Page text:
Coupons, as a promotional strategy, have been around for over a hundred years. But they will continue to flourish only if the coupon sites don’t mess them up. Or if the fundamental premise of coupons itself, changes. Rather than serve as promotions to capture an economic segment, coupons become the incentive to promote new consumer behaviour – like brand referrals.Coupons tap into the economic theory of price discrimination. Manufacturers would ideally like to sell to different buyers at different prices, based on their underlying willingness to pay (what economists call price elasticity). For example, they would like to get all the 2,500 consumers who will pay $2.50 for a product, but also get the 1,000 who are willing to pay just $2. A coupon is a way to make this happen. A coupon clipper is the consumer willing to take that extra effort (at some personal cost), like rummaging through a newspaper and clipping coupons, to get the lower price. Others continue to buy at full price.
Coupon sites seem to miss this point. They make it nearly costless to find and redeem coupons. Daily deals proliferate on any number of sites. Phone apps can search and stack your coupons. So almost anyone, and everyone, can get the deal.
The plot has been lost. This is no longer a price discrimination strategy for the manufacturer. Not anymore is it a clever application of microeconomic theory that transfers consumer surplus to the producer. It is a sale! Almost any customer can get this price painlessly. To top it off, the customer doesn’t even have to be loyal. He can switch products at negligible cost. Discounts wind up being huge and the coupon sites slurp off a big chunk of what’s left. It even creates perverse incentives for merchants and coupon site salesmen to artificially inflate the regular price and make deals look better than cotton candy.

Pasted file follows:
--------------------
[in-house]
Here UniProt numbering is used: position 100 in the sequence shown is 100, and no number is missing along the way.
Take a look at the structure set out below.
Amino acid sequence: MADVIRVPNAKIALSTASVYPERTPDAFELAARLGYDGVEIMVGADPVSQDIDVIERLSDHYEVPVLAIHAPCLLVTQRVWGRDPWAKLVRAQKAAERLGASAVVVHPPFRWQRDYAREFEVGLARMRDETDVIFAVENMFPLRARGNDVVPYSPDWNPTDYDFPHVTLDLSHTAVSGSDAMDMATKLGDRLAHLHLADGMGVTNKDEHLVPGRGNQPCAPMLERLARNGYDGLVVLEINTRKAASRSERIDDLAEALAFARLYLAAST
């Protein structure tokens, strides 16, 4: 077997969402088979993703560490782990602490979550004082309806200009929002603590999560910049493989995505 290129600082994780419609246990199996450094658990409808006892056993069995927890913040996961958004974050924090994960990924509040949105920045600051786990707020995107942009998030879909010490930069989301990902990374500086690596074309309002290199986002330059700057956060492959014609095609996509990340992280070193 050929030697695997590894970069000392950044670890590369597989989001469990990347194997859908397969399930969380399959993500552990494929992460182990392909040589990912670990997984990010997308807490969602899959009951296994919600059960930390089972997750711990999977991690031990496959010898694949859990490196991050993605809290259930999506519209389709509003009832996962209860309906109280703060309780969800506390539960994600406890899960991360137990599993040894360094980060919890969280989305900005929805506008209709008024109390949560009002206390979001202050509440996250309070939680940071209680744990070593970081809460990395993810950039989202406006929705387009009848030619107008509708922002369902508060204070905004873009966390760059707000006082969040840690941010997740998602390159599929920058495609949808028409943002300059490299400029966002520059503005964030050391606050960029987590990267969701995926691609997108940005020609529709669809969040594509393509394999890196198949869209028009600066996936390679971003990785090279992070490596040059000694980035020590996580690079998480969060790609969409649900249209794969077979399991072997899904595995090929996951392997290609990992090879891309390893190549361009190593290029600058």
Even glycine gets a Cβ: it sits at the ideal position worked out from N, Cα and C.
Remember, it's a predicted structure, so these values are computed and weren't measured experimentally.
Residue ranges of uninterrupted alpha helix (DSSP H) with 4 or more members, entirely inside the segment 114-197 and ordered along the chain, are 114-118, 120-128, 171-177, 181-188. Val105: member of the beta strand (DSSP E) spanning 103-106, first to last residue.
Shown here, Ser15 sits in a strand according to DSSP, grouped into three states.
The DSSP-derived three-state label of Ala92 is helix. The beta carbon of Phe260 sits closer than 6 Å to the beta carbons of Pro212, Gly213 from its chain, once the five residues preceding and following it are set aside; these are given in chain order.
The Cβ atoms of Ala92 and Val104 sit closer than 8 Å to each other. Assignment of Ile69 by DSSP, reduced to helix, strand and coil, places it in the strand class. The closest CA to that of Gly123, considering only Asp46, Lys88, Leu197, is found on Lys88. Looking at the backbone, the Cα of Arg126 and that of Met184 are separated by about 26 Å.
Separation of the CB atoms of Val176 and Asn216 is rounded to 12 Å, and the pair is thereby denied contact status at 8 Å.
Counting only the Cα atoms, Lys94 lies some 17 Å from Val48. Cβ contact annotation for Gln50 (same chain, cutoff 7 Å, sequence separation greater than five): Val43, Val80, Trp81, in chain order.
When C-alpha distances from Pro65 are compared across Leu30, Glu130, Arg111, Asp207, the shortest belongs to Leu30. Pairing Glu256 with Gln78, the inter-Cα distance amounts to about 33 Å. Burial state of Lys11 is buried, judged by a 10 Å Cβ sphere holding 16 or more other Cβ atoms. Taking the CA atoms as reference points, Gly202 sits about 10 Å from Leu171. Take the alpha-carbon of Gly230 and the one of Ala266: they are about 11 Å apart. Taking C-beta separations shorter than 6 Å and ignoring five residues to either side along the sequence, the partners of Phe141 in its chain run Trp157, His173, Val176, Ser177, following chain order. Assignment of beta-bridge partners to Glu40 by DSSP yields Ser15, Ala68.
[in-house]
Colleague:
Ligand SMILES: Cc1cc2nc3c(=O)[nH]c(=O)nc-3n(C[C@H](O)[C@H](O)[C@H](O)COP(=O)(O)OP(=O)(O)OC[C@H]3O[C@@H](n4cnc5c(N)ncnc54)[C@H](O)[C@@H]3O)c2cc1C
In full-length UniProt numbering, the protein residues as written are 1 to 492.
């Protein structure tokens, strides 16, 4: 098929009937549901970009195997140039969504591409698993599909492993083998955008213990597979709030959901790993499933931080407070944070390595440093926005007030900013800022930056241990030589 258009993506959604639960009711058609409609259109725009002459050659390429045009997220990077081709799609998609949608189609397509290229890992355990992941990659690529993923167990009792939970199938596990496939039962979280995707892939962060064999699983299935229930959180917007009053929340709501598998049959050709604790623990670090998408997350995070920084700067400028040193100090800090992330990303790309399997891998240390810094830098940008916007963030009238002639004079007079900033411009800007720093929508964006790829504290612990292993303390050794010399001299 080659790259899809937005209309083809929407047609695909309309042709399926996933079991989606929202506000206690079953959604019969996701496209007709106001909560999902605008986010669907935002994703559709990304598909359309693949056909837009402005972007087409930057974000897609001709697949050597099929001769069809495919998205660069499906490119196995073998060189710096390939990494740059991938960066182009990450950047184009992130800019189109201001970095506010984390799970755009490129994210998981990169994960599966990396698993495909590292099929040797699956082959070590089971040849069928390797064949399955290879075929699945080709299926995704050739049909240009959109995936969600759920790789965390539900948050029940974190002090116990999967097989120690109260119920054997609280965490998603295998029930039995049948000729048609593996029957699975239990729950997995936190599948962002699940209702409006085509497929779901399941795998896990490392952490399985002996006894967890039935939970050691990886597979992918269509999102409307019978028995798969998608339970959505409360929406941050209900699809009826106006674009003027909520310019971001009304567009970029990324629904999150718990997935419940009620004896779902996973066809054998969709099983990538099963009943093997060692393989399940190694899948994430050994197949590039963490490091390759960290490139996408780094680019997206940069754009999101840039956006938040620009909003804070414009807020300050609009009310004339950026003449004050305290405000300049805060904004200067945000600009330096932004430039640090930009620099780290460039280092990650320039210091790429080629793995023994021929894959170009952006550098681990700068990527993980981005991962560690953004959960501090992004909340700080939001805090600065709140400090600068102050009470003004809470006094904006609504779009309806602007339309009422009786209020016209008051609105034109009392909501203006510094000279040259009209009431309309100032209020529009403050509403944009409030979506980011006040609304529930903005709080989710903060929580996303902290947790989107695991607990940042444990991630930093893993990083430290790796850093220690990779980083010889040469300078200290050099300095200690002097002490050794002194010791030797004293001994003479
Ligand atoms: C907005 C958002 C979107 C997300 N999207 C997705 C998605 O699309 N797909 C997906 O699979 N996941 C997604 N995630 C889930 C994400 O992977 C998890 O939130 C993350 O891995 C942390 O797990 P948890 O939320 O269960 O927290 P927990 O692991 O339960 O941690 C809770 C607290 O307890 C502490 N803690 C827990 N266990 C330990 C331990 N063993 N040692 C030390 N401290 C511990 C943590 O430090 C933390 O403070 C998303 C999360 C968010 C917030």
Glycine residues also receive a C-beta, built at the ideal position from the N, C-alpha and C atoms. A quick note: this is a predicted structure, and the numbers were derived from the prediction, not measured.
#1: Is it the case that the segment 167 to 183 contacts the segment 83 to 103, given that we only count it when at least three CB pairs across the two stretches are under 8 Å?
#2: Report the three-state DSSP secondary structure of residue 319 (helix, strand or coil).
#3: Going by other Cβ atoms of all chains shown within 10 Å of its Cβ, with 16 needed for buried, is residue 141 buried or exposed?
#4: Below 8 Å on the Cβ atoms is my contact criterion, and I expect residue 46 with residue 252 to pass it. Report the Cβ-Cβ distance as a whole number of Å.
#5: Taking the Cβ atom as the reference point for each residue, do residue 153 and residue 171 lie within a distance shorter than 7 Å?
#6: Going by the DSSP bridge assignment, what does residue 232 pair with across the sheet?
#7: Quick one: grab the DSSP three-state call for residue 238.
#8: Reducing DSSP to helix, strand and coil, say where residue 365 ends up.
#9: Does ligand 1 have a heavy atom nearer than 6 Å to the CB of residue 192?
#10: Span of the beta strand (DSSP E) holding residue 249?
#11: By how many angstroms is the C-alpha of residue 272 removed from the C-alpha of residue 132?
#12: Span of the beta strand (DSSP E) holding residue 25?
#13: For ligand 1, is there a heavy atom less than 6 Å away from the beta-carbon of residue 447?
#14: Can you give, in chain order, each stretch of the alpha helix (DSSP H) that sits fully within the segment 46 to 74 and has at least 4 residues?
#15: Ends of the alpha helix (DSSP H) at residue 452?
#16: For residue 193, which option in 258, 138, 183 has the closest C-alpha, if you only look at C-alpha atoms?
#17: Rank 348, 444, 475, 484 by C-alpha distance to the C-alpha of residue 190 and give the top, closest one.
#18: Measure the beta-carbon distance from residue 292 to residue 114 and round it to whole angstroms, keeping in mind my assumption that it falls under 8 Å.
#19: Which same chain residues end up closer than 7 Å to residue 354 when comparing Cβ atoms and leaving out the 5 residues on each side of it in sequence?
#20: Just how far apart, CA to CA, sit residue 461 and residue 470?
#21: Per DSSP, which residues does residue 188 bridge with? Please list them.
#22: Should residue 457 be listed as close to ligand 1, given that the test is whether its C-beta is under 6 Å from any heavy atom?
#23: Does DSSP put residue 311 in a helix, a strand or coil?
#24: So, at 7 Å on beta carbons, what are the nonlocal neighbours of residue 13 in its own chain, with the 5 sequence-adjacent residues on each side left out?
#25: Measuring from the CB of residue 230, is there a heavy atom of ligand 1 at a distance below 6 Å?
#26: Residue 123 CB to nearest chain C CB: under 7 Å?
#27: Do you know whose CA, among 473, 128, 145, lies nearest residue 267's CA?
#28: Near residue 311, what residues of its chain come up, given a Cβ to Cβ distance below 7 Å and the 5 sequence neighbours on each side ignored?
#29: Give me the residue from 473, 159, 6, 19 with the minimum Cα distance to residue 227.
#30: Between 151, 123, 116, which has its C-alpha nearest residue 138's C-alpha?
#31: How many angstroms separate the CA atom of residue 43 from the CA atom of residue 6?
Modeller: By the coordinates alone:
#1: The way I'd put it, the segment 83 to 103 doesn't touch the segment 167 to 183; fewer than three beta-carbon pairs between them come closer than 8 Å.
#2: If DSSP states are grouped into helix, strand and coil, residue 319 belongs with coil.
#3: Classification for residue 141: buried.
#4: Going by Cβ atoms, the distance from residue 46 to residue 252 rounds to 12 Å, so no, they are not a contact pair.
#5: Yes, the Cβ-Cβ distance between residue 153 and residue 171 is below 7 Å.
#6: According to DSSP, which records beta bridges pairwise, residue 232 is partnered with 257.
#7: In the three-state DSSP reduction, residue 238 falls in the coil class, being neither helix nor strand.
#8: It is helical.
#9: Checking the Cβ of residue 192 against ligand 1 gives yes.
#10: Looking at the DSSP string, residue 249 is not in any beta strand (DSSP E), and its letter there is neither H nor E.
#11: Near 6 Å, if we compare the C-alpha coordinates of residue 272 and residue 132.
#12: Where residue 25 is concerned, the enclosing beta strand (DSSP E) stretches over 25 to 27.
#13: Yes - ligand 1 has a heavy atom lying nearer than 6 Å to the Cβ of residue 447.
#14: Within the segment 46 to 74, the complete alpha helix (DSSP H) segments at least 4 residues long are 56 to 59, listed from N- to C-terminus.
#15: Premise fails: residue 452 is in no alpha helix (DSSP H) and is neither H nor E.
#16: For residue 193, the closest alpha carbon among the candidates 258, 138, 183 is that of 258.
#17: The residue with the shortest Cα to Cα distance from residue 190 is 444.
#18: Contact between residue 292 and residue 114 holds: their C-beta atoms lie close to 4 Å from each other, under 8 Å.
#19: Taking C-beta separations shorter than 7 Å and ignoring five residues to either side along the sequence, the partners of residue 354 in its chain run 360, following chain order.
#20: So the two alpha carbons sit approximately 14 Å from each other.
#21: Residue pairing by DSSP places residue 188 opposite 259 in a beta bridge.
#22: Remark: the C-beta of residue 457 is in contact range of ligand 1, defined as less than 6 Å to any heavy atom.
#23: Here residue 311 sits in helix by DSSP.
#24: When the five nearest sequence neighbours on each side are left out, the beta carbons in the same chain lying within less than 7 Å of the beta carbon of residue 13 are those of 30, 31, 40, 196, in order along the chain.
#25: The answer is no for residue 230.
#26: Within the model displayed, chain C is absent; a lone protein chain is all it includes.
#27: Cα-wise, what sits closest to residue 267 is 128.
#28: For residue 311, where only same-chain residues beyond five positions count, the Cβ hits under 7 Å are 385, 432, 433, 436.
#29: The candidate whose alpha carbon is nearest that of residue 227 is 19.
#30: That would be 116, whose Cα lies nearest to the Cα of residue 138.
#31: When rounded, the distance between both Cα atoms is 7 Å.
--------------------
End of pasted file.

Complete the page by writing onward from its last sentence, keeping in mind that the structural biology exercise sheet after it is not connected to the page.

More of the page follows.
For a brand, this strategy is simple, neat, and wrong. So why are manufacturers still in the game? There are signs of retrenchment already. Some brands are balking and some deal sites are morphing.
Is there a better play? Indeed, there is. A better strategy for manufacturers would be to focus on a loftier objective – customer acquisition – and use a variety of incentives, coupons among them, to coax happy customers to refer others.
More than 75% of consumers say they seek advice before making purchase decisions. They ask the people they trust. Remodeling your house? Chances are you sought a referral from a friend. Breakfast ideas for your school kids? You probably asked another parent, or a relative with kids. Our new world of social networks makes it enormously simple to just ask. It also makes impactful referrals from like-minded people just a click away. Purchase decisions will be made only this way. Merchants and brands must capture this opportunity and build it into their promotional strategies and reward programs.
Get your customers to refer your products. Reward them for it. Hand out those coupons, but get something back. Amplify your reach through their networks. The customer gets a deal – you get new business. Now that’s good Couponomics.
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